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I just started learning the opencv library for c++. In my previous c++ experience (which isn't much) I've never encountered the following syntax

IplImage* dopPyrDown (
            IplImage * in,
            int filter = IPL_GAUSSIAN_5x5
    ) {
        assert(in->width%2 == 0 && i->height%2 == 0);
        IplImage* out = cvCreteImage(
         cvSize(in->width/2, in->height/2),
         in->depth,
         in->nChannels
        );
        cvPyrDown(in, out);
        return(out);
    };

More specifically, I mean the "IplImage* dopPurDown (*argument*){*code*};" Could someone explain what It means?

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It's a function. That should be enough to get you going. –  chris Jun 18 '12 at 2:53
    
You mean a function definition? –  Mysticial Jun 18 '12 at 2:53
3  
Maybe you are confused because there is an extraneous semicolon at the end?? –  Jesse Good Jun 18 '12 at 2:53
    
I was confused because of the line breaks in the arguments. I didn't recognize it as a function. Sort of seems obvious now. –  sinθ Jun 18 '12 at 2:59
    
@MikeG: Unlike some other languages like Python, line breaks are generally not significant. The braces and semicolons, on the other hand, are very significant and can change program semantics. You may want to pick up a C++ book to really learn the syntax rules. –  In silico Jun 18 '12 at 3:02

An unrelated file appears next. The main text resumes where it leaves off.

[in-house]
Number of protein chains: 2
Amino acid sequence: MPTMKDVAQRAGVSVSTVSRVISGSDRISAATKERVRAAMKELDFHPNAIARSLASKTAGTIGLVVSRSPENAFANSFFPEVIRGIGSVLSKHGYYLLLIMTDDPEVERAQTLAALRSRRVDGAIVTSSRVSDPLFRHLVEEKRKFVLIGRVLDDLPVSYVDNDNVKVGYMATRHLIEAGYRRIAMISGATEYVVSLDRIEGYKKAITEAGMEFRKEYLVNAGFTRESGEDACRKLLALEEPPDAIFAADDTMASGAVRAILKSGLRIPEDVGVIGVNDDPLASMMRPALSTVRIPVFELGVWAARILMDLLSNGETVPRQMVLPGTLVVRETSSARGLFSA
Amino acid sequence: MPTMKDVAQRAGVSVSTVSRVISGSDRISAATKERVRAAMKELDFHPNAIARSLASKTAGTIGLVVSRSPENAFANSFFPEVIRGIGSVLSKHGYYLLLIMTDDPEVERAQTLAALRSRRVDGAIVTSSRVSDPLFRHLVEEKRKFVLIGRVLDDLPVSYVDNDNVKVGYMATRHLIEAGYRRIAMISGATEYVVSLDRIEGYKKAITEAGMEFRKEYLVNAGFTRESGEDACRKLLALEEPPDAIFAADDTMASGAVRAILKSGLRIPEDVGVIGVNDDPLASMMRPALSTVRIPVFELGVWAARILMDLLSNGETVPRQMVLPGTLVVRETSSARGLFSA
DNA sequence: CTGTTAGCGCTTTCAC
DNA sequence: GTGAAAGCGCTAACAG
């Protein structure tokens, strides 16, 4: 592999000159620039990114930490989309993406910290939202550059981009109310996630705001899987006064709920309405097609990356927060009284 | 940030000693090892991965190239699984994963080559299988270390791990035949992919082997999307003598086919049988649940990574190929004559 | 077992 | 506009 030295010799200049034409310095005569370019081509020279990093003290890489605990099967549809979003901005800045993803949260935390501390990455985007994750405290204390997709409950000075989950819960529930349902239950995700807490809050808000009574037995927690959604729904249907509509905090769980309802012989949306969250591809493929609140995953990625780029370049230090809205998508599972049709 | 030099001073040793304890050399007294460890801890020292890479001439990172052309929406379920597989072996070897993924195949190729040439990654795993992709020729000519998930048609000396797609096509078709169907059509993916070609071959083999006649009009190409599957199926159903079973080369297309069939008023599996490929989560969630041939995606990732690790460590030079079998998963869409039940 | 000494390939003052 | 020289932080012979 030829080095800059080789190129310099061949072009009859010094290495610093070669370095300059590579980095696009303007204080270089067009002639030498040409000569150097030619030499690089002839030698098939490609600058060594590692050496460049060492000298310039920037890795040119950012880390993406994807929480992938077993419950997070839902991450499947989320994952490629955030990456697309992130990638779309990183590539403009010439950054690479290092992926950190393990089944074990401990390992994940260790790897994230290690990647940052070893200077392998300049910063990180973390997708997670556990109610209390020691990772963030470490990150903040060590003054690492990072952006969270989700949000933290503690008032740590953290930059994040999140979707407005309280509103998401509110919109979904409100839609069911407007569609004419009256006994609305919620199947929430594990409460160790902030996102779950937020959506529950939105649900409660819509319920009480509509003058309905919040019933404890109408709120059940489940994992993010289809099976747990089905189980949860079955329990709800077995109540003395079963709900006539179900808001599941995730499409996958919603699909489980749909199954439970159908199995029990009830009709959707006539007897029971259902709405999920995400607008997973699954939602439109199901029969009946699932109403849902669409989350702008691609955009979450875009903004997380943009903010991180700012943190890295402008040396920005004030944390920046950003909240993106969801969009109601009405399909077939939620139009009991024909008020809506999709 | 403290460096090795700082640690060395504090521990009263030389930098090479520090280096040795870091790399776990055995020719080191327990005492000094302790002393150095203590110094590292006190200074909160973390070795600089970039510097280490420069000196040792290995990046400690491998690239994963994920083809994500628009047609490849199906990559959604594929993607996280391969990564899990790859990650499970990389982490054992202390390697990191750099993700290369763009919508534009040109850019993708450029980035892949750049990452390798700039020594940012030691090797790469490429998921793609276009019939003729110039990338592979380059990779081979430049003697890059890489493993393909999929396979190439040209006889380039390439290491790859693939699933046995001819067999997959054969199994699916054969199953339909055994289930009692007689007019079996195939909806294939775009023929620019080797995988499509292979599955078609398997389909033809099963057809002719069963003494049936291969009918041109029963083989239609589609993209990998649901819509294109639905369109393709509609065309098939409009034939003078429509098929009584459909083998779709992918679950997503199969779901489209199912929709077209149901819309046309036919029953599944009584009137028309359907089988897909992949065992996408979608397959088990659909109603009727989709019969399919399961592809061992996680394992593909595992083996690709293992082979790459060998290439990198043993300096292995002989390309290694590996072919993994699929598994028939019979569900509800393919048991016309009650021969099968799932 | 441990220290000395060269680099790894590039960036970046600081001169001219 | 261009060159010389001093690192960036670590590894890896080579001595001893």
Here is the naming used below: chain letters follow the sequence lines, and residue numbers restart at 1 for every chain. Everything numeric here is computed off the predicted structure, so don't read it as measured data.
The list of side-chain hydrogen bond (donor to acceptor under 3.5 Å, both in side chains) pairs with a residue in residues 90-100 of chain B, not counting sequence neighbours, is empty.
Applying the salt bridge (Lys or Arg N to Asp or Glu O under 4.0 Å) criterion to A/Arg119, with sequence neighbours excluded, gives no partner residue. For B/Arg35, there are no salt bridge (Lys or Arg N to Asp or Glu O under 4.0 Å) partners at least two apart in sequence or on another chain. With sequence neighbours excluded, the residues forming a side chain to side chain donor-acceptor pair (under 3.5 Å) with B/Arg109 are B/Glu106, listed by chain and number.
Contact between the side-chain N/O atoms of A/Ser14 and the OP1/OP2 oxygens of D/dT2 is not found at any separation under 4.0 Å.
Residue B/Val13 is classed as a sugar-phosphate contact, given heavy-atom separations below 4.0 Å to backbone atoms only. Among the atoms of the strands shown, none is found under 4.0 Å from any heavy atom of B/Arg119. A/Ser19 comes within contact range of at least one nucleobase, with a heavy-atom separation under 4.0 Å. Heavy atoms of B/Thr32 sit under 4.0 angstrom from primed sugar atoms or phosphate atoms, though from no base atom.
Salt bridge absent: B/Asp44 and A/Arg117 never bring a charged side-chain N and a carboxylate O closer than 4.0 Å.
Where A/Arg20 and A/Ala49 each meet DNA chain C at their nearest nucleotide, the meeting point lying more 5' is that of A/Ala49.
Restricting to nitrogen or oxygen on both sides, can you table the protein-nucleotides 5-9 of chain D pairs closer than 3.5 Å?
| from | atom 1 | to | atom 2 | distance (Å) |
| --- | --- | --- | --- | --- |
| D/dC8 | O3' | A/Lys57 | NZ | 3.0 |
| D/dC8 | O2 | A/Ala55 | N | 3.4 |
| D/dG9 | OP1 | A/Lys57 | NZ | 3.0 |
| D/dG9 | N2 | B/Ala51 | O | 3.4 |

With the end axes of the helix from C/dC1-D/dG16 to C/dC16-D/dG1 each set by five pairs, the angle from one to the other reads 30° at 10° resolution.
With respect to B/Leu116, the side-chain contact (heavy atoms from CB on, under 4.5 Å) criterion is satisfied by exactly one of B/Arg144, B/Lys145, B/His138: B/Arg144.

1 Answer 1

up vote 7 down vote accepted

More specifically, I mean the "IplImage* dopPurDown (argument){code};" Could someone explain what It means?

It's declaring a function called dopPurDown which returns a pointer to a IplImage and accepts some arguments (in this case, two arguments called in and filter). The code in between the brackets define the function.

Before you go on, please pick up a good introductory C++ book as functions are fundamental to pretty much every high-level programming language in existence. Quite frankly, if you can't recognize a function definition in C++ you need to step back and learn C++ properly first before trying to tackle on OpenCV, which is an entirely different beast.

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Oh... thanks. Sorry. I'm so used to seeing it as int foo(int a int b) with not line breaks that I didn't recognize it with line breaks. –  sinθ Jun 18 '12 at 2:57
    
@Mike G: That's okay, but it's even more reason to pick up a C++ book so you can really learn the syntax rules of the language. Generally speaking, line breaks are not significant. Semicolons, on the other hand, are significant in many situations. Again, I recommend you pick up a good C++ book (use the link I provided in the answer as a guide) so you can learn the syntax. –  In silico Jun 18 '12 at 2:58

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